But for anyone reading this book, the Lebanon is the land of milk and honey, with Beirut an exotic playground of casinos, sumptuous hotels and fine restaurants - the Paris of the Orient. Here you can book into the Hotel Bristol and sample the Diner Touristique prepared by master chef Nageeb who, if asked how he came to be one of the best cooks in the region, will simply pat his stomach and smile. You can flag down a service taxi with its red licence plate, jump in with whatever passengers he is already carrying and be whisked off to the Souk Tawile to buy tweeds from Scotland or sportswear from California. And you can round off the evening at one of the city's 20 or more cinemas or at Pepe Abad's Bacchus Caves night club with its celebrity wall signed by famous visitors and its authentic Roman columns.

The Lebanon described here is one that seems at ease with itself in a brief few years of apparent calm between the intrusions of the Turks, the French and the British and the late 20th-century horrors of civil war and persistent violence.

Travellers will always travel, whatever the risks or discomforts, and return to tell their tales. But there has also long been a species of tourist that has wanted to find something a little different from the usual. I'm sure it must still be true, as Nina Nelson notes, that the Lebanon is probably the only place in the world where you can sunbathe on a Mediterranean beach in the morning and go skiing in the afternoon. It is also packed with ancient sites that are of mind-boggling significance and it would be fun to take this modest guidebook and see how much of the author's Lebanese experience can still be had.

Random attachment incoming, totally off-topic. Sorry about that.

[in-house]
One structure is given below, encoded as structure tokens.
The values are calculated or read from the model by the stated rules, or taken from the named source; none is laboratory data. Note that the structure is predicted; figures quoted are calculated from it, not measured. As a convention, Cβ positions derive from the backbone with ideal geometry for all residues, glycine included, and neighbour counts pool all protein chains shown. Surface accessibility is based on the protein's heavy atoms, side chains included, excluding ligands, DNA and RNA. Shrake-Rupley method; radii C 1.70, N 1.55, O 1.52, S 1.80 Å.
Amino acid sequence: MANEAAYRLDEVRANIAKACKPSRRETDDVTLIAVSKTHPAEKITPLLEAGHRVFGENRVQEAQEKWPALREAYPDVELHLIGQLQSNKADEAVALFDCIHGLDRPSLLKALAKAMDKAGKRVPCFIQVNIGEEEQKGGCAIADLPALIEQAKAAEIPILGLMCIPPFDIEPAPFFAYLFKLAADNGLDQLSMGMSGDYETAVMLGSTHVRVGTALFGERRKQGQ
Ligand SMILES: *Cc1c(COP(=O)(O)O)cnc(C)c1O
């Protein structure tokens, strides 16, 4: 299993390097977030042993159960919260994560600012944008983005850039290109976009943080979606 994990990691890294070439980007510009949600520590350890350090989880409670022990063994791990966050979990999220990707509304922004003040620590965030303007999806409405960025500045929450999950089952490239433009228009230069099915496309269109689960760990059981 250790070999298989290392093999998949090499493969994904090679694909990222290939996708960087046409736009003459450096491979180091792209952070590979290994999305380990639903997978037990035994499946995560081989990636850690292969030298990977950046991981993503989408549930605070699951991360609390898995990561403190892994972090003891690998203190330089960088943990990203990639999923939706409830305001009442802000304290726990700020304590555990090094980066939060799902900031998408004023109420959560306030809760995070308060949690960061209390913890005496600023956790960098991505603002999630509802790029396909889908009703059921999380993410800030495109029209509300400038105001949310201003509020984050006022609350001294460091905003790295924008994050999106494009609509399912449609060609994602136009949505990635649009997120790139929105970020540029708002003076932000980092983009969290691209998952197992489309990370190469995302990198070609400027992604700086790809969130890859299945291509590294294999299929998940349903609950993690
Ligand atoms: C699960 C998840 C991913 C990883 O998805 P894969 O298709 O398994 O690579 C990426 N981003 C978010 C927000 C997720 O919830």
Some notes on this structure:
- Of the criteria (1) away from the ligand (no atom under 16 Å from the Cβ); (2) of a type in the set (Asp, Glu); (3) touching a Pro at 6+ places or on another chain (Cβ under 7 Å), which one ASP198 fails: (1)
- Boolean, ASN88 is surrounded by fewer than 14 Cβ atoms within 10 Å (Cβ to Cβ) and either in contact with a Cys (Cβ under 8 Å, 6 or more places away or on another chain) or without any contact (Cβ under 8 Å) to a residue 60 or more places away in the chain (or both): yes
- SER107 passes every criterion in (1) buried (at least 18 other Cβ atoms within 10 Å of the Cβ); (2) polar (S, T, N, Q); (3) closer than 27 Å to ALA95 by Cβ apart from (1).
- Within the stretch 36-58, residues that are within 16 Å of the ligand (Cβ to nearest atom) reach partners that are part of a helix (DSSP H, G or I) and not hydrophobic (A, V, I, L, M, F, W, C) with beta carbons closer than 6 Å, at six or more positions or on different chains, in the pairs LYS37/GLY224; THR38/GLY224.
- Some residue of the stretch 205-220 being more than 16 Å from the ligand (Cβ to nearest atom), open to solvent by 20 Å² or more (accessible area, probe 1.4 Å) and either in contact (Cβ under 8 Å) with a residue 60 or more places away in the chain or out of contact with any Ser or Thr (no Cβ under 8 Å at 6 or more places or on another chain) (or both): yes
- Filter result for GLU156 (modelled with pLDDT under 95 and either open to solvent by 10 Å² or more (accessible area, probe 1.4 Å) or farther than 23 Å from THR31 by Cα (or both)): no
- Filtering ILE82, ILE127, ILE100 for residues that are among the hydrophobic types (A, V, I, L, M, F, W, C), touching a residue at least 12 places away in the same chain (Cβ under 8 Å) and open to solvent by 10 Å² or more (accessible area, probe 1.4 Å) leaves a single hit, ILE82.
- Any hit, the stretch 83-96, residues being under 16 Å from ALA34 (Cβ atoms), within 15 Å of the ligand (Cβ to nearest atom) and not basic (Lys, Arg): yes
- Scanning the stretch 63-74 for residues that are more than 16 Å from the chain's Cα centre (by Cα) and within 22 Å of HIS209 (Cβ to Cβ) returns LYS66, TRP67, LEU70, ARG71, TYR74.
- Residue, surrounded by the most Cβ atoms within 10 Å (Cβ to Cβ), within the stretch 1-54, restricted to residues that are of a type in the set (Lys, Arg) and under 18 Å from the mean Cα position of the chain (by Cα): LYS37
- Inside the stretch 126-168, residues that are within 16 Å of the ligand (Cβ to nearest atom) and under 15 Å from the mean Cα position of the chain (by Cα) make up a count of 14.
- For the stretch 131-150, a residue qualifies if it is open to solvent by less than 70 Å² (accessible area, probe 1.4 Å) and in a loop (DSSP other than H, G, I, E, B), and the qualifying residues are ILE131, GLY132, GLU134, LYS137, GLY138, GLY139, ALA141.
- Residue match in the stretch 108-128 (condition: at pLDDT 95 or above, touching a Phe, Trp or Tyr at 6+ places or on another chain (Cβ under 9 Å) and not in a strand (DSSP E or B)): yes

29 June 2008

Cross My Heart

BUST-UP by Wallace Reyburn 1971

This is a hardback (of course) with no dustjacket and the photo and titling (I said titling) printed directly onto the boards. I think it's obvious why I picked it up.

First thing on a random opening is a reference to an area of the Adriatic coast of Italy called Nippoli Grandi where, we are told, lady grape crushers who spent all day bobbing up and down in large vats of grapes had taken to wearing a restraining garment called the flatina. Given that I am being asked by the book's subtitle to believe that the inventor of the bra went by the name of Otto Titzling, I don't think I'll be googling either the place or the garment to find out more.

Leafthrough. There are just over 100 pages divided into 12 short chapters with titles like 'The Young Titzling', 'Hans Delving' and 'False Pretences'. Lots of the illustrations look as though they come from Victorian sources, while others - like the design for a bra for trapeze artistes who are likely to spend a lot of their time upside down - have the same style but were clearly drawn for this book.

The front bits (of the book) tell me that this was published by Macdonald & Co., London in 1971 and that it is a first edition. On one of the preliminary pages, the author thanks various organisations for the illustrations, including Gossards, The Corset Guild of Great Britain and The Patent Office.